Group accounts have also changed in Windows 2000. Unlike NT 4 where we only found Global and Local groups, Windows 2000 includes new group types, scopes and abilities. Before we discuss these however, we need to take a look at something referred to as the ‘mode’ of a domain. By default, all domains are created in something called Mixed Mode. In this mode, NT 4 BDCs can still exist, and many of the rules associated with an NT 4 domain still apply. Once all domain controllers have been switched to Windows 2000, the domain can be switched into what is referred to as Native Mode. This is a one-way process. Note that even if you are not upgrading an NT 4 domain, a Windows 2000 domain is still automatically created in Mixed Mode, and the change to Native mode must be made before many of the new feature with respect to users and groups can be used.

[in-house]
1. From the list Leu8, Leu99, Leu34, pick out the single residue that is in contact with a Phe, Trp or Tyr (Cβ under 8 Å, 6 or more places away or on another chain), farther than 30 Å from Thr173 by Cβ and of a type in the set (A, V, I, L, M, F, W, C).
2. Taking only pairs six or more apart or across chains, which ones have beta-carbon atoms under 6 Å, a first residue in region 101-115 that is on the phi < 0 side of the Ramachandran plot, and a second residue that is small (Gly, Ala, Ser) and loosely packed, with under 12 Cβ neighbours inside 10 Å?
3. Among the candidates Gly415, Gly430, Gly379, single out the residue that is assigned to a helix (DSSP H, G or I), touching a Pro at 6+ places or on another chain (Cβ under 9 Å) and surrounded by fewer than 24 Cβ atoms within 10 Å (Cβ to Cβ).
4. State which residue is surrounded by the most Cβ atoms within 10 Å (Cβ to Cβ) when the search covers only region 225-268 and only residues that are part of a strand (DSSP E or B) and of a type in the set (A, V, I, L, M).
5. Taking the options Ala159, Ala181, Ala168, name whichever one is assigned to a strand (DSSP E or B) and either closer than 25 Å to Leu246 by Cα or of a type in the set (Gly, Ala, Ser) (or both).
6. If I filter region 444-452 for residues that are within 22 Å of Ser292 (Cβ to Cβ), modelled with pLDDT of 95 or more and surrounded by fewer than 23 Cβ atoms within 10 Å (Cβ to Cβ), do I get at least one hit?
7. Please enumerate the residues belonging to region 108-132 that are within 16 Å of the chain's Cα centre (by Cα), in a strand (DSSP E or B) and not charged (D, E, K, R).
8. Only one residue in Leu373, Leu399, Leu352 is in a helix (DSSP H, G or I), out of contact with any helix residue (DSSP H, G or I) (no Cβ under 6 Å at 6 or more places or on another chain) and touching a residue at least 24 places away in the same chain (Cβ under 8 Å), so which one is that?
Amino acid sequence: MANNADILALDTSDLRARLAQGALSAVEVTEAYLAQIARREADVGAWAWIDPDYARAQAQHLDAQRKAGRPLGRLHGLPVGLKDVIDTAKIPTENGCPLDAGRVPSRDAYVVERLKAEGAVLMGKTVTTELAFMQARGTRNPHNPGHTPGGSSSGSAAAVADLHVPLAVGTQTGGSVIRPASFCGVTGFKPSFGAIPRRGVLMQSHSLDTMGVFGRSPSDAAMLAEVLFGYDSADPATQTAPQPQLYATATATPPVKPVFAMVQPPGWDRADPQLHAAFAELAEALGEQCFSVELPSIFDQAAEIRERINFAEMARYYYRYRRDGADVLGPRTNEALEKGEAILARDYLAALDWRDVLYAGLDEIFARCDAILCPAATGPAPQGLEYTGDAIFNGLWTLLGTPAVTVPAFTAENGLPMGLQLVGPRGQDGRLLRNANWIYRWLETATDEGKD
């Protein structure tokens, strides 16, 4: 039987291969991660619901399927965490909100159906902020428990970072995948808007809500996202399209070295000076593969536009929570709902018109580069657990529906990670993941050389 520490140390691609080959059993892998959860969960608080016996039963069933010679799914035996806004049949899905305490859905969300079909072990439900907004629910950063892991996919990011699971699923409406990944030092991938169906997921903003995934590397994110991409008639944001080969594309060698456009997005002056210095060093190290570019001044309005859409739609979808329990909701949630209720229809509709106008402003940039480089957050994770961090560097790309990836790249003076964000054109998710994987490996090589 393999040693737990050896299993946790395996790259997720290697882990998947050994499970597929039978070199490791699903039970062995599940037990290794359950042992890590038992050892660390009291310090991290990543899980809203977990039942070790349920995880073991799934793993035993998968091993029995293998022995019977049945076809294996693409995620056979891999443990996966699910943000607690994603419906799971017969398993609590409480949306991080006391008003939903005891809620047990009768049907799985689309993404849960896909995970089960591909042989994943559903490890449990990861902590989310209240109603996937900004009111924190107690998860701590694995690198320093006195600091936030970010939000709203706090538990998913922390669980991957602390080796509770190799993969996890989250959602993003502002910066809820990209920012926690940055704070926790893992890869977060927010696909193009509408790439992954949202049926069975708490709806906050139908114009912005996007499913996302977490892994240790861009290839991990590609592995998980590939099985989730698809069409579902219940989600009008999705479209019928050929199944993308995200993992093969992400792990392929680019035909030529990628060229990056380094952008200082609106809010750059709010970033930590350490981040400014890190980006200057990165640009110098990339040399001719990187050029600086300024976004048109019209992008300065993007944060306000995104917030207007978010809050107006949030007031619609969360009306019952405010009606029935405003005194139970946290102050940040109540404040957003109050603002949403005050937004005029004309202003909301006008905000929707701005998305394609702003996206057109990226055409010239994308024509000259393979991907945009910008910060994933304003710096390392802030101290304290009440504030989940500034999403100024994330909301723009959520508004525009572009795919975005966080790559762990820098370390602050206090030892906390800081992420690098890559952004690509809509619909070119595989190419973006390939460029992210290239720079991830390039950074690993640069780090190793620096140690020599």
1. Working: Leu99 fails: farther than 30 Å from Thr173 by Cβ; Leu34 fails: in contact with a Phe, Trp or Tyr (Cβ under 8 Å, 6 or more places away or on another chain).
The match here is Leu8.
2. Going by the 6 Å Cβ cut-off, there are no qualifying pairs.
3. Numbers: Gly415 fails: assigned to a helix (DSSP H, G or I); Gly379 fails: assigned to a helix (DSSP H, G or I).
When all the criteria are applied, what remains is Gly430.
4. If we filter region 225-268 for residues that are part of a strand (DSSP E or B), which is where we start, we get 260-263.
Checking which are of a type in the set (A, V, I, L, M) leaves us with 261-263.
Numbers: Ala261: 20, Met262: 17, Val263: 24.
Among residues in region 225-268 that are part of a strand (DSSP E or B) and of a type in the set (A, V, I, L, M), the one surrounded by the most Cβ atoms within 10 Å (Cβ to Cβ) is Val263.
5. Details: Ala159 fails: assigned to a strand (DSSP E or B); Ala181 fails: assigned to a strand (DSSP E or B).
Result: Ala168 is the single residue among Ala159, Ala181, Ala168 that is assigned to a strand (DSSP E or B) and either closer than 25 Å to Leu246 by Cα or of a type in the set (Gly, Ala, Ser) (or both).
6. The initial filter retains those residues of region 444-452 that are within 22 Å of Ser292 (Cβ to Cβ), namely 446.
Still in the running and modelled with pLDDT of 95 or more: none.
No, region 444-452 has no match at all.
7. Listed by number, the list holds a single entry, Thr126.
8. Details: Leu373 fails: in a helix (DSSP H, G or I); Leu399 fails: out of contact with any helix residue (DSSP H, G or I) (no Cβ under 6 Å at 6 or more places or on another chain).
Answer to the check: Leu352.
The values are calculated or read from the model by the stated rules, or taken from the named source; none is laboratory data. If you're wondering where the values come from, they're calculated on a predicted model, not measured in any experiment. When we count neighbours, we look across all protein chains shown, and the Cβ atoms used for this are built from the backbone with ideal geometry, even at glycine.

Windows 2000 supports two types of groups. The first are very similar to groups in NT 4, and are referred to as Security groups. Quite simply, a security group has a SID, and as such can be part of a Discretionary Access Control List (DACL), the list of users and groups that have permissions to access a resource. The second type of group is called a Distribution group, and exists for the purposes of sending email messages to a group of users. This functionality largely exists for the purpose of Exchange 2000 integration. Distribution groups have no SID, and as such cannot be added to a DACL. You may be asking why it is necessary to make a distinction. The reason relates to what happens when a user logs on – a security token gets created that lists their SID, and the SIDs of the groups they are part of. The larger the number of security groups, the larger the security token for a user, and the longer it will take to log on. Distribution groups provide an easy and less resource-intensive way to be able to integrate messaging technologies with Active Directory.